“You know you’re in love when you can’t fall asleep because reality is finally better than your dreams.”
― Dr. Seuss
I am baffled about all the love in the writing community. I have come to the conclusion anyone who writes cannot be without a trace of love.
Of course, evil people write evil things. But in the large scheme of things, writing is love, one of the purest, I must say. I feel it every time I read.
These ideas come to my mind every time I am reminded of how little I know about writing. Honestly, about everything…
If we can summarize our protagonist in one sentence, she might come as flat in our readers' perception.
There are different ways to avoid this flaw.
Our protagonist should be able to create a surprise factor with her actions. However, this surprising capability shouldn't come at the expense of credibility. It needs to be done convincingly.
“One way or another, then, you’re going to need to know how to arouse audience sympathy or antipathy toward a character.”
— Orson Scott Card
To create this believable protagonist, we will flesh her up with more than one emotion, a sort of mix.
When I watched The Hunger Games movie, I fell in love with it. I felt it was very faithful to the book and a superb adaptation, even though the latter is still better.
Yes, it is by far.
It’s mainly because of the first-person point of view that the movie as a story container cannot use. Basically, we cannot see what Katniss Everdeen sees. In the film, we are not in her head to experience in real-time her inner emotions and thoughts. Therefore we have to forgive the movie for being inferior in that regard.
However, the movie felt so…
Legendary writers cannot speak a specific topic without dropping nuggets of wisdom from other issues.
The book Characters and Viewpoint by Orson Scott Card isn't about conflict per se. However, you can find great teachings about conflict like this one “Any time you show a conflict between characters, you want your audience to care about the outcome.”
“Any time you show a conflict between characters, you want your audience to care about the outcome.”
That phrase sent me to dust off two books that deal with conflict The Golden Theme by Brian Mcdonald and Conflict and Suspense by James Scott…
Reading the Book Dan Brown Teaches Writing Thrillers, Dan Brown refers to a couple of books written by James Scott Bell that I happen to have on my bookshelf. And it was funny to see that James Scott Bell mentions The Da Vinci Code in his examples.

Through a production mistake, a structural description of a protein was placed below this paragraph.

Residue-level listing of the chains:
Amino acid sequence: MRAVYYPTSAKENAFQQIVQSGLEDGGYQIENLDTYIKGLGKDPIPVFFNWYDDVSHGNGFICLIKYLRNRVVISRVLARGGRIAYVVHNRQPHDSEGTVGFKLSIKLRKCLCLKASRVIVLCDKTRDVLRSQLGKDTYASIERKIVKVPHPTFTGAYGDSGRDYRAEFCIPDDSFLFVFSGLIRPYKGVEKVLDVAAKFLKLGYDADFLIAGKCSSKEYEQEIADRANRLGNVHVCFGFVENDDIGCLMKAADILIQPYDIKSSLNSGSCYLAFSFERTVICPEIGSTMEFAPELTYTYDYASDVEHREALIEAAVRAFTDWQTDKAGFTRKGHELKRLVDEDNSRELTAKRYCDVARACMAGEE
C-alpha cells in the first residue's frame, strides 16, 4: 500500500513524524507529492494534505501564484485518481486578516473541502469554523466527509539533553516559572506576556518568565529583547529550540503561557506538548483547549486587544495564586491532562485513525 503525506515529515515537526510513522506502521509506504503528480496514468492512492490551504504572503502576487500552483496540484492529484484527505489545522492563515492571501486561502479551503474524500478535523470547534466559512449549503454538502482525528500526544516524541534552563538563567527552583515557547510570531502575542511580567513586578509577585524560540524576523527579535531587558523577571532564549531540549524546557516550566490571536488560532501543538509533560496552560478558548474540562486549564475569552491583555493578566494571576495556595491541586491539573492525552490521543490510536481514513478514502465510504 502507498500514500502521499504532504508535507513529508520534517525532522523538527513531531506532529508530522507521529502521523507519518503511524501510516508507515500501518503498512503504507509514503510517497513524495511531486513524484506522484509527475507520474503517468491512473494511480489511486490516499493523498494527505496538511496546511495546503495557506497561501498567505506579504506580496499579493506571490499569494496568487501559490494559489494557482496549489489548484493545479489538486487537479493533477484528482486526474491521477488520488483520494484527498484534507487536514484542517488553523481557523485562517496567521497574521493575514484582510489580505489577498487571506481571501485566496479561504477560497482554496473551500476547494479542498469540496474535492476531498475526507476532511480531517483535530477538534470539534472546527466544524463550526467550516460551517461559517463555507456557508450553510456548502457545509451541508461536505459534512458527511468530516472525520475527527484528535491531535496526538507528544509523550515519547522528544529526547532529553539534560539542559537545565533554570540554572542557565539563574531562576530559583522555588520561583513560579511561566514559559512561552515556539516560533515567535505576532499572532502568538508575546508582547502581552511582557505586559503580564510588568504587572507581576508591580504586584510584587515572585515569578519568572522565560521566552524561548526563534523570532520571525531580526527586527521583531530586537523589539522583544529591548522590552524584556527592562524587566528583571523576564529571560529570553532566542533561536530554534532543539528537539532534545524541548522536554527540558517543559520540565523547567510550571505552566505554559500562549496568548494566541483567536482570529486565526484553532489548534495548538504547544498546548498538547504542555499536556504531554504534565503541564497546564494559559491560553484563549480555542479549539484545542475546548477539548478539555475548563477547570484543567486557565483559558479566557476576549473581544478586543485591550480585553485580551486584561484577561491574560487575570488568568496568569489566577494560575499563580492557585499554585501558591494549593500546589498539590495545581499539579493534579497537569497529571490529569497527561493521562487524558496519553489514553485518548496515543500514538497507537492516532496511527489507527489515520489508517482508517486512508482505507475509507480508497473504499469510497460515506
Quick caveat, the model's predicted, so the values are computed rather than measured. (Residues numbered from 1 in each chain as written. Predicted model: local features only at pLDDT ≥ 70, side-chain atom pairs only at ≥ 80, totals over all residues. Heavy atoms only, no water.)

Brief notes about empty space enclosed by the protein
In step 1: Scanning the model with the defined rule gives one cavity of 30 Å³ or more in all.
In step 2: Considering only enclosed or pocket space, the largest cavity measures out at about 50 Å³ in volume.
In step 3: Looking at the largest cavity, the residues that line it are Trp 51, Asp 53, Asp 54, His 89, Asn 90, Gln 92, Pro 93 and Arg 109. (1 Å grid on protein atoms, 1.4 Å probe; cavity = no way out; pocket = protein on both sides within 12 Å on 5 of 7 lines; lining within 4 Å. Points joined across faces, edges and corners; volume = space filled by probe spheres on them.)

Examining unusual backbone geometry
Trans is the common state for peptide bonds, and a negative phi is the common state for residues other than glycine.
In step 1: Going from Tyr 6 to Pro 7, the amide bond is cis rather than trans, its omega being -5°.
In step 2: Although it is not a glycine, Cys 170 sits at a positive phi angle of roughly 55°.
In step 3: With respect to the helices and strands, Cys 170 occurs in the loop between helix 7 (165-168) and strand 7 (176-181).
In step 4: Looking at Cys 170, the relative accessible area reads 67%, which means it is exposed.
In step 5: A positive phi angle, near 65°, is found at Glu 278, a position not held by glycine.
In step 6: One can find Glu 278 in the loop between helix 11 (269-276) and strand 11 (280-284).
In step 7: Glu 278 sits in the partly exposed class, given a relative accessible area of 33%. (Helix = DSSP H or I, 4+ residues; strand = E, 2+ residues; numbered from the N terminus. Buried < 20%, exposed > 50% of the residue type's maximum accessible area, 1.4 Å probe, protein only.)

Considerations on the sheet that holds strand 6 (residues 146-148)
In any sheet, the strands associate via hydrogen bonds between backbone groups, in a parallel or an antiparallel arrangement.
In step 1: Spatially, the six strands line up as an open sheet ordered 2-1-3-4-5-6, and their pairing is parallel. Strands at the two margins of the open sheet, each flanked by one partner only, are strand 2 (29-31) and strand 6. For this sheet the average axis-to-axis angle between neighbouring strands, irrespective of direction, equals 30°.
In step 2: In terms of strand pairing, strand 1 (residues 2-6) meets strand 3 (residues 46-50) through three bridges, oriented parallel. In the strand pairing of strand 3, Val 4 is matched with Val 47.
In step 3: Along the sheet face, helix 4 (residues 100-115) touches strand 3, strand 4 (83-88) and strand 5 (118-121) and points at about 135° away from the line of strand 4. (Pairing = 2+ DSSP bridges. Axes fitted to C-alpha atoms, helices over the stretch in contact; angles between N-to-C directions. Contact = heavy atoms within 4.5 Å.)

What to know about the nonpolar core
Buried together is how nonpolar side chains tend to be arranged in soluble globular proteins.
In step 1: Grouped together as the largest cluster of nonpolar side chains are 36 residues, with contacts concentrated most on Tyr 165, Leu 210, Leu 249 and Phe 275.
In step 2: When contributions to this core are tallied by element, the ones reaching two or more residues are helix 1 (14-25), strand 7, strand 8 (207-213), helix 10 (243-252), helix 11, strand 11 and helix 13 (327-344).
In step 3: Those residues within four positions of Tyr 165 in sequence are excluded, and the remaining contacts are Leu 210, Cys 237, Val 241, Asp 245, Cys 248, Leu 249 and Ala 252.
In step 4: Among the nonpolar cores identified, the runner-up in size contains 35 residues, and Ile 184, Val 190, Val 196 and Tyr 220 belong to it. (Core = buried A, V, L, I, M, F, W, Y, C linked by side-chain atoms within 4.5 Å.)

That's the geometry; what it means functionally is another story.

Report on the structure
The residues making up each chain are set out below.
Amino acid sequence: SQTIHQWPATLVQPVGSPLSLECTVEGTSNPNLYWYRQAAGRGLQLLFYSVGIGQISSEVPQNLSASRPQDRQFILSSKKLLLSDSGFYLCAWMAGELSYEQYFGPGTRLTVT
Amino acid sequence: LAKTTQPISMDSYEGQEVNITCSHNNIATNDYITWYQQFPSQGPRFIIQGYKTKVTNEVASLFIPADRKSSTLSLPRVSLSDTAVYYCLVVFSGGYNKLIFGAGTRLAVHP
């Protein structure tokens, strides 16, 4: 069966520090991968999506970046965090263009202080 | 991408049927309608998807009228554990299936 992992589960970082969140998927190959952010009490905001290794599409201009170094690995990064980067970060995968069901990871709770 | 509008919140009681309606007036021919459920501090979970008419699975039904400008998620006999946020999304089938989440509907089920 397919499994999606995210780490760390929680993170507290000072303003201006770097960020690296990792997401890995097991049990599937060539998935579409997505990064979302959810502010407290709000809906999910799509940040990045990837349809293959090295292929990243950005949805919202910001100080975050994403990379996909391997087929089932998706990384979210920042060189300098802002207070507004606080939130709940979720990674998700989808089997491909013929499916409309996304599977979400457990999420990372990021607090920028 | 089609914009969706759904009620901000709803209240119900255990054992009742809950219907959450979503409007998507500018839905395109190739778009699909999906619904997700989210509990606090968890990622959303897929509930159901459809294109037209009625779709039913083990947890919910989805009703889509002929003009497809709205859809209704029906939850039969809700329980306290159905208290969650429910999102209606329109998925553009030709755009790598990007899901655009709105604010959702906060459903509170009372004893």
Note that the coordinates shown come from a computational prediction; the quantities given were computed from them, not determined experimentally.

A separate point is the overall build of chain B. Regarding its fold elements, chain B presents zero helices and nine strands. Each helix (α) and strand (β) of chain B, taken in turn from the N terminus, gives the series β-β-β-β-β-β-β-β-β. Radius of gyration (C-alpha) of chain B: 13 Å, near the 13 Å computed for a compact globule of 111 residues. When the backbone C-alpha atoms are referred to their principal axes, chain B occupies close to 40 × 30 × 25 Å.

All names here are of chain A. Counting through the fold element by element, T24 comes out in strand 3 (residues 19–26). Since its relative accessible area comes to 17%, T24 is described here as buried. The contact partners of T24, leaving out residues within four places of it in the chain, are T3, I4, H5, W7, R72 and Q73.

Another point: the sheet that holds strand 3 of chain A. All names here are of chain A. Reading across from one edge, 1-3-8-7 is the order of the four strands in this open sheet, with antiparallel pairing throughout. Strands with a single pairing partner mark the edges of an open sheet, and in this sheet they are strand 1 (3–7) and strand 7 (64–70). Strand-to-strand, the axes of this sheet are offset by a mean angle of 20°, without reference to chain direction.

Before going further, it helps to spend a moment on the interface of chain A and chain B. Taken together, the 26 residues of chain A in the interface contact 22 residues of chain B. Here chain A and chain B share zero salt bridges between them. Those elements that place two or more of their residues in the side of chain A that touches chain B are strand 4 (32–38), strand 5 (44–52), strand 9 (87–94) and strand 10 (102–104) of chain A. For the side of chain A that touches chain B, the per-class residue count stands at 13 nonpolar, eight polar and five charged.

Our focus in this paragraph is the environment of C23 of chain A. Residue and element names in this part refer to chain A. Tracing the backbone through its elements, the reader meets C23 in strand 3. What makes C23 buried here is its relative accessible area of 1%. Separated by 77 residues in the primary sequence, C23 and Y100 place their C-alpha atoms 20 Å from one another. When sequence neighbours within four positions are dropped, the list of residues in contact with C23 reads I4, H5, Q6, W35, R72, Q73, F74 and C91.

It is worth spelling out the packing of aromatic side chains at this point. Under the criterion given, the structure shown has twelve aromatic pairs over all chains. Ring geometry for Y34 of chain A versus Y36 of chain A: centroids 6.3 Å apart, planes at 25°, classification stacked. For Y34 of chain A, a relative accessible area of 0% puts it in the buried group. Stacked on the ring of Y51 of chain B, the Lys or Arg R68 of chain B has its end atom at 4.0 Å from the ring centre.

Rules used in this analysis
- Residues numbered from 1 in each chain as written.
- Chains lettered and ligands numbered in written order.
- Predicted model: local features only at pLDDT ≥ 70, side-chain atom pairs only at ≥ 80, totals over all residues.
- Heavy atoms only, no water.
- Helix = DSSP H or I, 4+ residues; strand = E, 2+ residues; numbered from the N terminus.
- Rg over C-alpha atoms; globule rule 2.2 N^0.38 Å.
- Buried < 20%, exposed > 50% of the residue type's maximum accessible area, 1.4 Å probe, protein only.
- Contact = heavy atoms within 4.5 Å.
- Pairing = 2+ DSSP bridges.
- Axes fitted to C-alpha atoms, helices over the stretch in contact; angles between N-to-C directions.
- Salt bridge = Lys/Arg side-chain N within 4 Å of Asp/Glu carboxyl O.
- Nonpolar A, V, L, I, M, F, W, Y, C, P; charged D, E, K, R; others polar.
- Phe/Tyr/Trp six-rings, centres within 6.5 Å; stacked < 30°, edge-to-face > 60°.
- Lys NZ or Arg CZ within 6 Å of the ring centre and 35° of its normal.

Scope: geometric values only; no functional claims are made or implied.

So, I decided to do a cross reading about suspense, giving birth to this article. We will use the four types of suspense and theory from James Scott Bell as the framework for the fourteen resources Dan Brown explains he uses to create suspense in his thrillers. …
“If we encounter a man of rare intellect, we should ask him what books he reads.”
― Ralph Waldo Emerson
Very often, we get jealous of intelligent people. Don't we?
The funny realization is that it is illogical because they can help us save so much time in life.
We are not talking about exploitation or taking advantage. We are talking about the intelligent use of humanity's resources. Yes, brilliant people are humanity’s resources, even if they disagree.
Think about the technology you are using to read this text. There is so much genius work there. It’s very likely that…
“Don’t be afraid of your fears. They’re not there to scare you. They’re there to let you know that something is worth it.”
― C. JoyBell C.
“If at first you don’t succeed then skydiving definitely isn’t for you.”
― Steven Wright
Succeeding? In a simple way is to achieve. But like many things, it is more complicated than that.
To even start talking about succeeding, we would need a deep understanding of ourselves.
Succeeding in what? Why do you want to succeed in that?
Without the intention of talking a lot without saying much. It is necessary to ask…
“If you have two friends in your lifetime, you’re lucky. If you have one good friend, you’re more than lucky.”
― S.E. Hinton
We know a lot of people.
We talk with a lot of people.
A lot of people look to talk with us.
Yet, we have so few friends.
There are a lot of cliches when talking about friends. While pretty, those clichés usually don't talk much truth.
I will discount relatives from this train of thoughts because they belong in the family realm.
It would be unfair to measure non-relatives with them. But being family doesn't…
“The one you love and the one who loves you are never, ever the same person.”
― Chuck Palahniuk, Invisible Monsters
“Man may have discovered fire, but women discovered how to play with it.”
― Candace Bushnell, Sex and the City
That is a complicated question.
It is complicated because the first thing we have to do is ask ourselves how do we know we love someone?
We will feel tempted to jump instantly to something like, “You feel it when you love someone.”
I won't deny those feeling, but it is easy to misunderstand a feeling for another. …
“What is more humiliating than finding the object of your love unworthy?”
― Jeanette Winterson, The Passion
Individuals who do what they say, are beautiful.
I have an indescribable love and admiration for them. They are so natural and true to themselves. They inspire and make you a better person. You want to be like them. You don't want to disappoint them.
Their trust isn't unlimited. They know when they are dealing with an unworthy person.
It sounds harsh to call someone unworthy. …
Writing and sharing writing tips I learn by doing my writing. You might end up giving better use to the tips and notes than I do.